6. Changing patterns of aggression over the colony cycle of the European paper wasp
    (P. Starks & J. Pilowsky)
    Paper wasps are able to distinguish nestmates from non-nestmates by sight and scent, and typically respond with more aggression toward non-nestmates. However, no recognition system is perfect, and animals can gain a fitness advantage by adjusting their aggressive responses to social recognition cues based on the costs of making a mistake. We predict that because the costs of accidentally letting in an intruder to the nest change over the course of the paper wasps' colony cycle, the intensity of their aggressive behavior will change as well. This project involves capturing paper wasps from the wild and quantifying their aggression toward nestmates and non-nestmates in captive behavioral studies. Students will learn how to survey and capture wasps in the field, to safely handle the animals, and to plan and conduct ethological studies.

  7. Geophagia in honey bees?
    (P. Starks & R. Bonoan)
    While honey bees are important pollinators, there is currently little known concerning mineral preferences and requirements. Minerals known to be physiologically important in other insects (such as sodium and calcium) are found in a honey bee's diet in both nectar and pollen sources. However, honey bees reared during a pollen shortage obtain similar quantities of most minerals when compared with those reared in more favorable conditions. This implies that honey bees acquire micronutrients from sources other than pollen and nectar. Historically, the ingestion of soil—geophagia—is known to function as a mineral supplement in various mammalian herbivores. Is it possible that honey bees also partake in this activity? This field project will investigate whether or not honey bees prefer water sources based on mineral content, therefore utilizing water (or soil) as a source for micronutrients. The preparation of mineral solutions will require some lab work however, the majority of the project will be done via observational studies in the field. Aside from acquiring field skills, students will aid in experimental design and management of honey bee colonies. Data collected will lend insight to honey bee health and nutrition as well as the evolution of diet and foraging preferences.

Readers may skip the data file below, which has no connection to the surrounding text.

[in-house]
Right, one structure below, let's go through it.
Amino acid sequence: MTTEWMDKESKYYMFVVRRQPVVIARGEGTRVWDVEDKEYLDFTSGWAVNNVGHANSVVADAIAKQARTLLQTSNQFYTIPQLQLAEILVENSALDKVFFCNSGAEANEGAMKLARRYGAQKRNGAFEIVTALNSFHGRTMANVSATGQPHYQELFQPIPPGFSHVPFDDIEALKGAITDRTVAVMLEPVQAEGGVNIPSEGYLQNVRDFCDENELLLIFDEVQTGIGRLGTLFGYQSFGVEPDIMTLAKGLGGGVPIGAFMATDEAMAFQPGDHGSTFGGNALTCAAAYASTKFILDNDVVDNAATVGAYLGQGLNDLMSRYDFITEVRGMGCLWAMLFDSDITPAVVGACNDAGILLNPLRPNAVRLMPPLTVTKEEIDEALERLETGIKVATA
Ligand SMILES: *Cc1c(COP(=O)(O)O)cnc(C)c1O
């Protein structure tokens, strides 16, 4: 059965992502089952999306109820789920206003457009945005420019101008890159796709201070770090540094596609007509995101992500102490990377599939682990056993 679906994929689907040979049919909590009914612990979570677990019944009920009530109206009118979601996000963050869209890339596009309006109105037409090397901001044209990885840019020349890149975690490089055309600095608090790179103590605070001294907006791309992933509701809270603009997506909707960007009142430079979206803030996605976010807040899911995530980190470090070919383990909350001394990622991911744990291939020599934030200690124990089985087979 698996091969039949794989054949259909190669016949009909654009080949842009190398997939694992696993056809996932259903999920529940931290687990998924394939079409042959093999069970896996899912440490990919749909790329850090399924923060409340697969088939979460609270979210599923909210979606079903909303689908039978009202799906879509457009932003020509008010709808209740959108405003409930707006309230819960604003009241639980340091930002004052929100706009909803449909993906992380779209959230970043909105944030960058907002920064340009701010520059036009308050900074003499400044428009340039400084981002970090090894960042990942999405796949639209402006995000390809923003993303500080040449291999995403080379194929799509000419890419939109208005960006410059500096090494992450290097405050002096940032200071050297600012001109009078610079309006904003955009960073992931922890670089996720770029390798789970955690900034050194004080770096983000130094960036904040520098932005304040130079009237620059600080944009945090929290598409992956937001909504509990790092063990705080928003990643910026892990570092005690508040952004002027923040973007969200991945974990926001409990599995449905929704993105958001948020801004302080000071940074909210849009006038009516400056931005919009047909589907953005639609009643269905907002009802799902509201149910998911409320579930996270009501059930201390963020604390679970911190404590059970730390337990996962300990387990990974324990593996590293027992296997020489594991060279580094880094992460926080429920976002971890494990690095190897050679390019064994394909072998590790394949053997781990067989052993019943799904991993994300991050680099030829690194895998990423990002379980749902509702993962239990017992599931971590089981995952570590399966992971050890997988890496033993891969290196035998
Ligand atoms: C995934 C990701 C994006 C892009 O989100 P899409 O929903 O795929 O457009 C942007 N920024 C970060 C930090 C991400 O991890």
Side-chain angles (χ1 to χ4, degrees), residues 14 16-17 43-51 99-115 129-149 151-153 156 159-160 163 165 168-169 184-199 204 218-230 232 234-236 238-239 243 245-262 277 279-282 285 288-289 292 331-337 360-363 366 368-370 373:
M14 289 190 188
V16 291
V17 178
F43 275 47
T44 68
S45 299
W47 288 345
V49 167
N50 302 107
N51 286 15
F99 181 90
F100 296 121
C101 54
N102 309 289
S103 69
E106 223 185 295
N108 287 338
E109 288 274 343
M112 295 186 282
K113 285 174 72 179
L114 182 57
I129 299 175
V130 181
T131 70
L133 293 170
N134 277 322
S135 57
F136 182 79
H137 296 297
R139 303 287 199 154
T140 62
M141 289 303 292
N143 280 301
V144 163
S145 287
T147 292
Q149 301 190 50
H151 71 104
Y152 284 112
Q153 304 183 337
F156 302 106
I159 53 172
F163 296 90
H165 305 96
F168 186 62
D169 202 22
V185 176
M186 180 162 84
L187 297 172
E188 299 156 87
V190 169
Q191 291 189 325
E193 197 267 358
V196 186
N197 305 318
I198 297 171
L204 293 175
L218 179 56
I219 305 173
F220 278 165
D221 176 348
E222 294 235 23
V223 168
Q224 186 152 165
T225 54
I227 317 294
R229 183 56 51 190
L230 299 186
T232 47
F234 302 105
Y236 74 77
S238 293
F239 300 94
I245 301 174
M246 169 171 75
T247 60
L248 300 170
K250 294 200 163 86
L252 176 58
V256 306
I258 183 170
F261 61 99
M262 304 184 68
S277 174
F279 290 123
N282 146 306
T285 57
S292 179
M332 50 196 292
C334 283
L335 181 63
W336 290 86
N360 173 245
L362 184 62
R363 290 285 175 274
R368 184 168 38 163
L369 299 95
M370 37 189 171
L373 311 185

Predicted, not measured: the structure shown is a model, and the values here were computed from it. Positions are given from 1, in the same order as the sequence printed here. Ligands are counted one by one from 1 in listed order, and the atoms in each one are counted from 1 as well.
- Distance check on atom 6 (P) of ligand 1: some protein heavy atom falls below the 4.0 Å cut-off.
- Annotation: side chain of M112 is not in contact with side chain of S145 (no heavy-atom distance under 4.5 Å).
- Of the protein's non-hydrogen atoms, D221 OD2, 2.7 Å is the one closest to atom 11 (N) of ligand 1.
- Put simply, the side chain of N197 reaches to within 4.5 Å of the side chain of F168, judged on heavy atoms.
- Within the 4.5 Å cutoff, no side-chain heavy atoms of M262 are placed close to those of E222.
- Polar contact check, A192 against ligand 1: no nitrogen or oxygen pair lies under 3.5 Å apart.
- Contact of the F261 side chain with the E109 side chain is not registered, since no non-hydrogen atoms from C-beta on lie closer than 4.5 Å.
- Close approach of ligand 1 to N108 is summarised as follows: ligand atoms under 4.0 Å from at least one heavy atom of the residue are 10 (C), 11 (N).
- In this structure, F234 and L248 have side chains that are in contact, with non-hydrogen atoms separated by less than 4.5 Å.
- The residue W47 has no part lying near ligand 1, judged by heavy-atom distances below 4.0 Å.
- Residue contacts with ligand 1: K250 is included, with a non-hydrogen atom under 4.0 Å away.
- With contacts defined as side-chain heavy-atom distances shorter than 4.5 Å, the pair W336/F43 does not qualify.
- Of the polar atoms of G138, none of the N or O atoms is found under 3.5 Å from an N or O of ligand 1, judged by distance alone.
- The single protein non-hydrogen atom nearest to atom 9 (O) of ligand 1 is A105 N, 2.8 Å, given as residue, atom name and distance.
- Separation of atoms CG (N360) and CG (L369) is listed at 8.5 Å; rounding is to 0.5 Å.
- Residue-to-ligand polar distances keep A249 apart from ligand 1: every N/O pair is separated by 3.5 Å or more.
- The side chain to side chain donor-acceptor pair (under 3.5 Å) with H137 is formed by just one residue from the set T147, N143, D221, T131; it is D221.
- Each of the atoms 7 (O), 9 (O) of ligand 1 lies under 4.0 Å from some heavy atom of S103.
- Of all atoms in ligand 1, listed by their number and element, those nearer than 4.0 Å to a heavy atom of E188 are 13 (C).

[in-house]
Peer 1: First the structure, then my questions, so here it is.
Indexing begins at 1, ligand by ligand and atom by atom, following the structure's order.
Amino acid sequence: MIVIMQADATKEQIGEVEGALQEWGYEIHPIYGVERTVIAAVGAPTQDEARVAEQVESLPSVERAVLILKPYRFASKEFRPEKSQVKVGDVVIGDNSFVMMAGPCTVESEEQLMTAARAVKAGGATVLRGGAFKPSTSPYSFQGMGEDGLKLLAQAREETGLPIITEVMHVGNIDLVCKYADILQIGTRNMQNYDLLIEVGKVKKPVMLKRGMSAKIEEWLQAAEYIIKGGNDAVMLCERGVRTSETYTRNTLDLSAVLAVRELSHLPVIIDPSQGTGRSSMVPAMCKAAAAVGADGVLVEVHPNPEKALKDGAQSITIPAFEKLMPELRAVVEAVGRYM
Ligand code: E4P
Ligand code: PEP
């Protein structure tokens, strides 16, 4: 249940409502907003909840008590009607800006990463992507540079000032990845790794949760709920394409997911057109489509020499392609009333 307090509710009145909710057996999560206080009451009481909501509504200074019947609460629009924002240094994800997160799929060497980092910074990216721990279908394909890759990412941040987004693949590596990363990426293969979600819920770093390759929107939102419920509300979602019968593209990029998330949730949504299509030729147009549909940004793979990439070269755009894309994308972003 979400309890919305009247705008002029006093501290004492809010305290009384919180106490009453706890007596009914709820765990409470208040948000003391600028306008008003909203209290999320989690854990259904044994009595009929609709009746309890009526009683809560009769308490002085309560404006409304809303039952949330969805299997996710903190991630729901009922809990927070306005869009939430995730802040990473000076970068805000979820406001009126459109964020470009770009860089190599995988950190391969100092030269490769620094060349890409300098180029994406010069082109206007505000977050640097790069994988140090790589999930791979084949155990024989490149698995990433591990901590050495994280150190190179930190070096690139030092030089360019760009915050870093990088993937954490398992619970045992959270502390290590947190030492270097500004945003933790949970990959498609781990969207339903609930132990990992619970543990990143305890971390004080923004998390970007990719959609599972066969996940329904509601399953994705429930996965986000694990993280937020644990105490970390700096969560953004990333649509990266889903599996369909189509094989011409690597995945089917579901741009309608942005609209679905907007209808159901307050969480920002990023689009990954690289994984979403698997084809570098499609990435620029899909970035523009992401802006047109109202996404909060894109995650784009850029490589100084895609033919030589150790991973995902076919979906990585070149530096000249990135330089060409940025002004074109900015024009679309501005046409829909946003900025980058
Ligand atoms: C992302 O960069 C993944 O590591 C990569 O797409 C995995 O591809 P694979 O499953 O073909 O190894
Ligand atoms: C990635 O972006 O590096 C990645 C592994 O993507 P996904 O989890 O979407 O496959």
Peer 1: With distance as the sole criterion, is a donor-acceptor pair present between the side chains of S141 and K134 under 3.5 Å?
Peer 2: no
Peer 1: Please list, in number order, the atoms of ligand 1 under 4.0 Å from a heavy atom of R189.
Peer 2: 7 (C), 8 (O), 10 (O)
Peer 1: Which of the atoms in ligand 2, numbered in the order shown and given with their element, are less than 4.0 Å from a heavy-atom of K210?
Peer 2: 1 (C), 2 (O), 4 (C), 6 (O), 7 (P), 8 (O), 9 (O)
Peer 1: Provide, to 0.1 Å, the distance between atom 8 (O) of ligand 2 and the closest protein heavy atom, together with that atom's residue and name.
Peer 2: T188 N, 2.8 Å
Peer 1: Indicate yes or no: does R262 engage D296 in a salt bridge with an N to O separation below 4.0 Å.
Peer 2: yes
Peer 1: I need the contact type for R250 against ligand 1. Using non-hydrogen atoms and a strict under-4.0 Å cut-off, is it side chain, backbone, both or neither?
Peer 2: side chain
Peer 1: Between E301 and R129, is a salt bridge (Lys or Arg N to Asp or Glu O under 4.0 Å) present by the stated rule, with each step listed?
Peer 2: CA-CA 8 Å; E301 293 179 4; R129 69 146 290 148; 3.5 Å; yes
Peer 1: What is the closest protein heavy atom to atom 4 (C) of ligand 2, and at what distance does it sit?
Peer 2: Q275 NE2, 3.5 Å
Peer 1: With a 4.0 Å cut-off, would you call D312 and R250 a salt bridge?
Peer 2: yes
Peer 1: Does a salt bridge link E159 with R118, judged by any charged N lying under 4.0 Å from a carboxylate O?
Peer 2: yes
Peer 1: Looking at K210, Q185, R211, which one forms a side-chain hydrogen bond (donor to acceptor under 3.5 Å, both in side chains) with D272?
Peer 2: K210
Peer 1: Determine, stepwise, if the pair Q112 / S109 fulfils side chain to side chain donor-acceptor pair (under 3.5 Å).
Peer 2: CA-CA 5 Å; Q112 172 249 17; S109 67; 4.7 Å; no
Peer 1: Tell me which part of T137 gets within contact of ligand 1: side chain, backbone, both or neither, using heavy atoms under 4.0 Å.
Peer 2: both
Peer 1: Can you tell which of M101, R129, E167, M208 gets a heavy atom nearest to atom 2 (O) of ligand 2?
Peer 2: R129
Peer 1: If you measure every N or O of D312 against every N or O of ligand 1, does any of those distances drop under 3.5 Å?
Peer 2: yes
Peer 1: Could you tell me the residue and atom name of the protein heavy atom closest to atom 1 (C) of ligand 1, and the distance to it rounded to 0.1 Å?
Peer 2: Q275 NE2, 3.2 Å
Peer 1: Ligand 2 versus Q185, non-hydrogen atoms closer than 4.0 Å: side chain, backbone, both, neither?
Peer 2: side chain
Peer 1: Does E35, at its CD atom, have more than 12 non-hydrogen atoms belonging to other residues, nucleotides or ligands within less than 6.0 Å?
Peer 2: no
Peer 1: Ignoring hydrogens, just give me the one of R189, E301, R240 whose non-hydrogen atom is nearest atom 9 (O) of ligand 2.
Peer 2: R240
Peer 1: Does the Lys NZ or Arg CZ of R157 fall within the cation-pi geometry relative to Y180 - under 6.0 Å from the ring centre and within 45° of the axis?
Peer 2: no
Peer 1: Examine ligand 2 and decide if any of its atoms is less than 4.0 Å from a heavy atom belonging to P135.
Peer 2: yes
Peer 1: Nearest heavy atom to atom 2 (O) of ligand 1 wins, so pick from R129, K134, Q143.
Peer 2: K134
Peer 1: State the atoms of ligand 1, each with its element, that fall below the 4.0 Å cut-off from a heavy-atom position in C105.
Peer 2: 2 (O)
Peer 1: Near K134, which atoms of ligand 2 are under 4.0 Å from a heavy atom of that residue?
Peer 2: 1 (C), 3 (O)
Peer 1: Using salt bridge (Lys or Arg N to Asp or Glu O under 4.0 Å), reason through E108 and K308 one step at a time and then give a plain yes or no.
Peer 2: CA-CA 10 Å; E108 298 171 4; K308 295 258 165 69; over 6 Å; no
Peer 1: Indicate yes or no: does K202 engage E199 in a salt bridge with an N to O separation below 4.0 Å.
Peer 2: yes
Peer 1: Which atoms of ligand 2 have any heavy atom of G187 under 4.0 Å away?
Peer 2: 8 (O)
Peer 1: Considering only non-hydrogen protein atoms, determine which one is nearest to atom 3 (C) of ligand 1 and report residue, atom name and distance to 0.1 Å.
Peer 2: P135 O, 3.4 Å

8. Stress responses in wild birds
    (L.M. Romero)
    We know that stress can have a multitude of bad effects, but we also know that in certain circumstances stress is beneficial, especially in relation to wild, free-living animals. This research will aim to increase our understanding of how the endocrine and physiological mechanisms underlying stress help wild animals survive stressful stimuli such as predators, storms, or anthropogenic changes. In order to explore this further, students will work with an endocrinologist, a physiologist, and an ecologist to design experiments to assess how wild birds respond to various stressful stimuli. Undergraduates will take an integrative approach to stress, focusing on neuroscience, endocrinology, and ecology. Focus will be on hypothesis testing, experimental design, and laboratory techniques (including standard endocrinological techniques including taking blood samples, hormone and receptor assays, and statistical analyses).